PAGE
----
Tuesday, 11th August 2020

Going under cover: Tackling the agentless backup hype

By Gabriel Gambill, Senior Systems Engineer for EMEA, Quorum.

Agentless backup is the latest buzzword in disaster recovery (DR) and business continuity (BC), but how much do we really know about it or what it means for organisations using it?

Most people probably know that agents are the small applications installed on a server to perform a particular function. For backup, the agent is installed onto the host server the system administrator wants to back up. Agentless backup is, as its name suggests, backup without the use of such an agent.

In an effort to distinguish themselves from their rivals, several backup and recovery vendors claim to provide agentless backup. In many instances, however, these vendors inject an agent at the beginning of the process and remove it before the backup finishes in order to achieve application consistency. Strictly speaking, they aren’t providing agentless backup because they are still using an agent in parts of the process.

Why do we need agentless backup?

While agent-based solutions are effective and proven, there are a number of reasons why organisations might seek to move away from agent-based backup. Some agent-based solutions can be weak from a security point of view and high cost. Adding agents increases the amount of software organisations have to manage. Agents can also interfere with the processing power of core applications when they are installed.

Even in a normal sized environment, agent management can be a complex process as IT administrators deal with different agents on different operating systems. The growing number of software packages running on a host server could prove to be a further complication.

By removing the agent, backup solutions can bypass the process of agent management, while ensuing a faultless backup.

The benefits of agentless backup

Organisations are looking to agentless backup for an easy to manage backup solution that can provide benefits for DR and business continuity including:

· Easy installation and support: Agentless backup doesn’t require a reboot of your system during the installation process.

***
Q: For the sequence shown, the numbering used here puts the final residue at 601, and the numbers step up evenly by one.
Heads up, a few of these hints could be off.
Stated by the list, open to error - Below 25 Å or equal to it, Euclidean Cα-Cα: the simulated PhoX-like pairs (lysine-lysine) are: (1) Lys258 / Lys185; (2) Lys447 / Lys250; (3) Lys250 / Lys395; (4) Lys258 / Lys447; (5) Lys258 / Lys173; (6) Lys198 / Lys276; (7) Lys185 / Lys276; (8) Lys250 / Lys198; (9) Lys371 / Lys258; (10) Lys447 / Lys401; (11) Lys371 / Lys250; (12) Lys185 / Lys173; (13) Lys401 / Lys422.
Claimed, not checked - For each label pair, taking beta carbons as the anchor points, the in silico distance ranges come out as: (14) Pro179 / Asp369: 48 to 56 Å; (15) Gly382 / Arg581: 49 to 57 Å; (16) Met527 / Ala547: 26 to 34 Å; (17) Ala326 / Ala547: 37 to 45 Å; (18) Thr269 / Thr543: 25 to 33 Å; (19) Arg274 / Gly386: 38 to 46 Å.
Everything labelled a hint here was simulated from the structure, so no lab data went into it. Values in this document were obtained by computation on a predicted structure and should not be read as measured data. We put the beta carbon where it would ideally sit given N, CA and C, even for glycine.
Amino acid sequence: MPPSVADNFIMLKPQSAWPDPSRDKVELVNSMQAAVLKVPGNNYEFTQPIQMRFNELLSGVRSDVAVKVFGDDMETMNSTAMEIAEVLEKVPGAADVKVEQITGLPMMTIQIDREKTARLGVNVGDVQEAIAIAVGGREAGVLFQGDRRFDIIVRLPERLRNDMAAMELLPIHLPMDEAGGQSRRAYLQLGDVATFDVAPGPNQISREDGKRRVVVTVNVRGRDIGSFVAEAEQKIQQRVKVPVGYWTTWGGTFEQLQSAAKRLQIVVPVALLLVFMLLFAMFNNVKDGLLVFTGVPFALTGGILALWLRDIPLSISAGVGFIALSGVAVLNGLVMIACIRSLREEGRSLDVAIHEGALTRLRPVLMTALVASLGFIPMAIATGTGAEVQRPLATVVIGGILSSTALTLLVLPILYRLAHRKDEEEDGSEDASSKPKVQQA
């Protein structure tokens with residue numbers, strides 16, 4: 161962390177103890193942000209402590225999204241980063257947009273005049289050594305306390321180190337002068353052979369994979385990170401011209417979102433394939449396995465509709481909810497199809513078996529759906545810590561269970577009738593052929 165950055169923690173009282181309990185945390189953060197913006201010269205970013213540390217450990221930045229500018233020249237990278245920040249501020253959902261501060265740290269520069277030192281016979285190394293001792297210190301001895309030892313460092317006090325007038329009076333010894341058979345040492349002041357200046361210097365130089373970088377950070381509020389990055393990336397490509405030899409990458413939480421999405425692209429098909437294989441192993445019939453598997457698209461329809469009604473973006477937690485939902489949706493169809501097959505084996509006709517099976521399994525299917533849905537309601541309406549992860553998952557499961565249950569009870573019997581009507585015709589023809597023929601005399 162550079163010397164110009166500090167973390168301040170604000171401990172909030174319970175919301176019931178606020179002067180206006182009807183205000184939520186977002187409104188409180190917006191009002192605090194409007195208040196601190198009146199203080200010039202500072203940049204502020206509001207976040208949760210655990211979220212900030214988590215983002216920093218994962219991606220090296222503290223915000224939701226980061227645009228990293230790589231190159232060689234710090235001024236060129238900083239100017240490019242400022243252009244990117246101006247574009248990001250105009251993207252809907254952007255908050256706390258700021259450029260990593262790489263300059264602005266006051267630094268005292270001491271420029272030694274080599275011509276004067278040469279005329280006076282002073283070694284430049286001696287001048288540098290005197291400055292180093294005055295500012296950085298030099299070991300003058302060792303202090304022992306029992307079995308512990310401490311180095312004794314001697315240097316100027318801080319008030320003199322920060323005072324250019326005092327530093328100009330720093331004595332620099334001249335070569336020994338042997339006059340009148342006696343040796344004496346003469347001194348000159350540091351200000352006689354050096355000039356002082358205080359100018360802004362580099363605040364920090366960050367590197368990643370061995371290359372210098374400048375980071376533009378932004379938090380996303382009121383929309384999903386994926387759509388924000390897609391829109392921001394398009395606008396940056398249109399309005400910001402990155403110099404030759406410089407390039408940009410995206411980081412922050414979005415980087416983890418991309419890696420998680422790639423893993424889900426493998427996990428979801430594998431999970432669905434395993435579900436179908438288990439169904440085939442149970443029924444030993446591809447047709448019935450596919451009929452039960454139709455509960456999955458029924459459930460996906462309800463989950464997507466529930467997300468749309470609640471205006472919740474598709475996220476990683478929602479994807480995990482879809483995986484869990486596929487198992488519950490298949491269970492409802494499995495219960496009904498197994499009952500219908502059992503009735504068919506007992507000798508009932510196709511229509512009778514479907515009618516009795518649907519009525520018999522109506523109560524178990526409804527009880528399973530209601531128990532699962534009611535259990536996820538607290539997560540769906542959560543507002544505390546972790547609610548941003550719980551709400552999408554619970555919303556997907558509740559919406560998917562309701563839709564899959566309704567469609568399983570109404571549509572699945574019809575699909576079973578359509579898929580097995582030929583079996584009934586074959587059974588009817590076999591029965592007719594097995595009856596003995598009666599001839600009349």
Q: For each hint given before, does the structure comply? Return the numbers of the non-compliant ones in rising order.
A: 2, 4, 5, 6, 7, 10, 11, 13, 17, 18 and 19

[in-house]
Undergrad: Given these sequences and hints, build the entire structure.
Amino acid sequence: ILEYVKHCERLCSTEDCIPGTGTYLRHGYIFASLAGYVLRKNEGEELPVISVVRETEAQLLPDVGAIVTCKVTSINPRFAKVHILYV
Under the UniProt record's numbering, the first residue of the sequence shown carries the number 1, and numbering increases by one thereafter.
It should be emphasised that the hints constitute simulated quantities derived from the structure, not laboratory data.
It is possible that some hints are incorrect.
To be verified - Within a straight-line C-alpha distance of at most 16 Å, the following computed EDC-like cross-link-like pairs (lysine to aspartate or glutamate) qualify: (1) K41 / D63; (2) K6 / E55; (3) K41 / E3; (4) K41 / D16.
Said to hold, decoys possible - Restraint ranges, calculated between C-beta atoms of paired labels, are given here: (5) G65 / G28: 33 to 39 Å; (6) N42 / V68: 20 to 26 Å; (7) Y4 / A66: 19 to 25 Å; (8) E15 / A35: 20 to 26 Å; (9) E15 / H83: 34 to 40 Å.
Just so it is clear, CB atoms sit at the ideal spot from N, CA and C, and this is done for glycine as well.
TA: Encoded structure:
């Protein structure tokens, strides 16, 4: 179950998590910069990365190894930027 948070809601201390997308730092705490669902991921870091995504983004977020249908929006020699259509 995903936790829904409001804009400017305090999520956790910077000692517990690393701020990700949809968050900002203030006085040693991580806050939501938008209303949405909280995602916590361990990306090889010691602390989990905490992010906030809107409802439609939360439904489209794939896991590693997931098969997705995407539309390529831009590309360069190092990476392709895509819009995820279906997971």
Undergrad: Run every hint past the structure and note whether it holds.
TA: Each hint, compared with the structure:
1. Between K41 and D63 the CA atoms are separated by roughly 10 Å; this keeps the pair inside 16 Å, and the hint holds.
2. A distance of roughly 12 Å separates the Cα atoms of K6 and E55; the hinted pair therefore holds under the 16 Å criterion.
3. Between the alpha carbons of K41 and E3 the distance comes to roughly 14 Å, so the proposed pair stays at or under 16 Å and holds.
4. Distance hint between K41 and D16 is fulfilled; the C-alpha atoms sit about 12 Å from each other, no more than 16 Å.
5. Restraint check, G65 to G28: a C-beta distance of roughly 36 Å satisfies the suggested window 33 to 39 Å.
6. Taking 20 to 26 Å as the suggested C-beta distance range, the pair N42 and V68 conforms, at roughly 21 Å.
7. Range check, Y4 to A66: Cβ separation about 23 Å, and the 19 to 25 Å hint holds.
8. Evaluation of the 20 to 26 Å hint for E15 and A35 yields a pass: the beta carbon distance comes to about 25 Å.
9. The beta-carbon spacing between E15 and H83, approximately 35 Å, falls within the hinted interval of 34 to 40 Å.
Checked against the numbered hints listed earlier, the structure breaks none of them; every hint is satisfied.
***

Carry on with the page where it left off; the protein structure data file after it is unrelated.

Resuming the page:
· One piece of software to manage: By only having one piece of software to manage, agentless backup can work faster and more efficiently in comparison to agent-based backup.

· Less time consuming: Agentless backup can upgrade itself. Often hundreds or even thousands of systems need to be backed up so the process becomes less time consuming for IT managers.

· Compliance: Some organisations cannot inject agents due to regulatory requirements. Where data handling cannot be modified from beginning to end, an agentless solution allows for compliance during backup.

· Consistency and recoverability: Agents can interfere with the processing power of core applications of the machines they are installed on. With agentless backup, remote sites can easily implement and maintain data backup programmes.

· Cost effective: Agentless solutions eliminate the costs associated with agent-based backup. Organisations can save money on maintenance and operating costs.

Conclusion

Faced with a variety of ways of backing up critical data, organisations need to consider a number of factors when choosing the correct backup including cost, simplicity and consistency. Given a choice between agent-based or truly agentless solutions, businesses should be able to make an informed decision based on their management, CPU overhead and compliance needs.

Truly agentless backup is not only easy to use but also requires no injection or removal of an agent during the process at all. Designed to bring a new kind of protection to the market, agentless backup has the potential to provide users with cost effective and rapid DR. Agent-based backup works well today but, given the additional benefits it can deliver, it’s easy to see why agentless backup is becoming the Holy Grail for DR and BC vendors. Few have achieved it so far.


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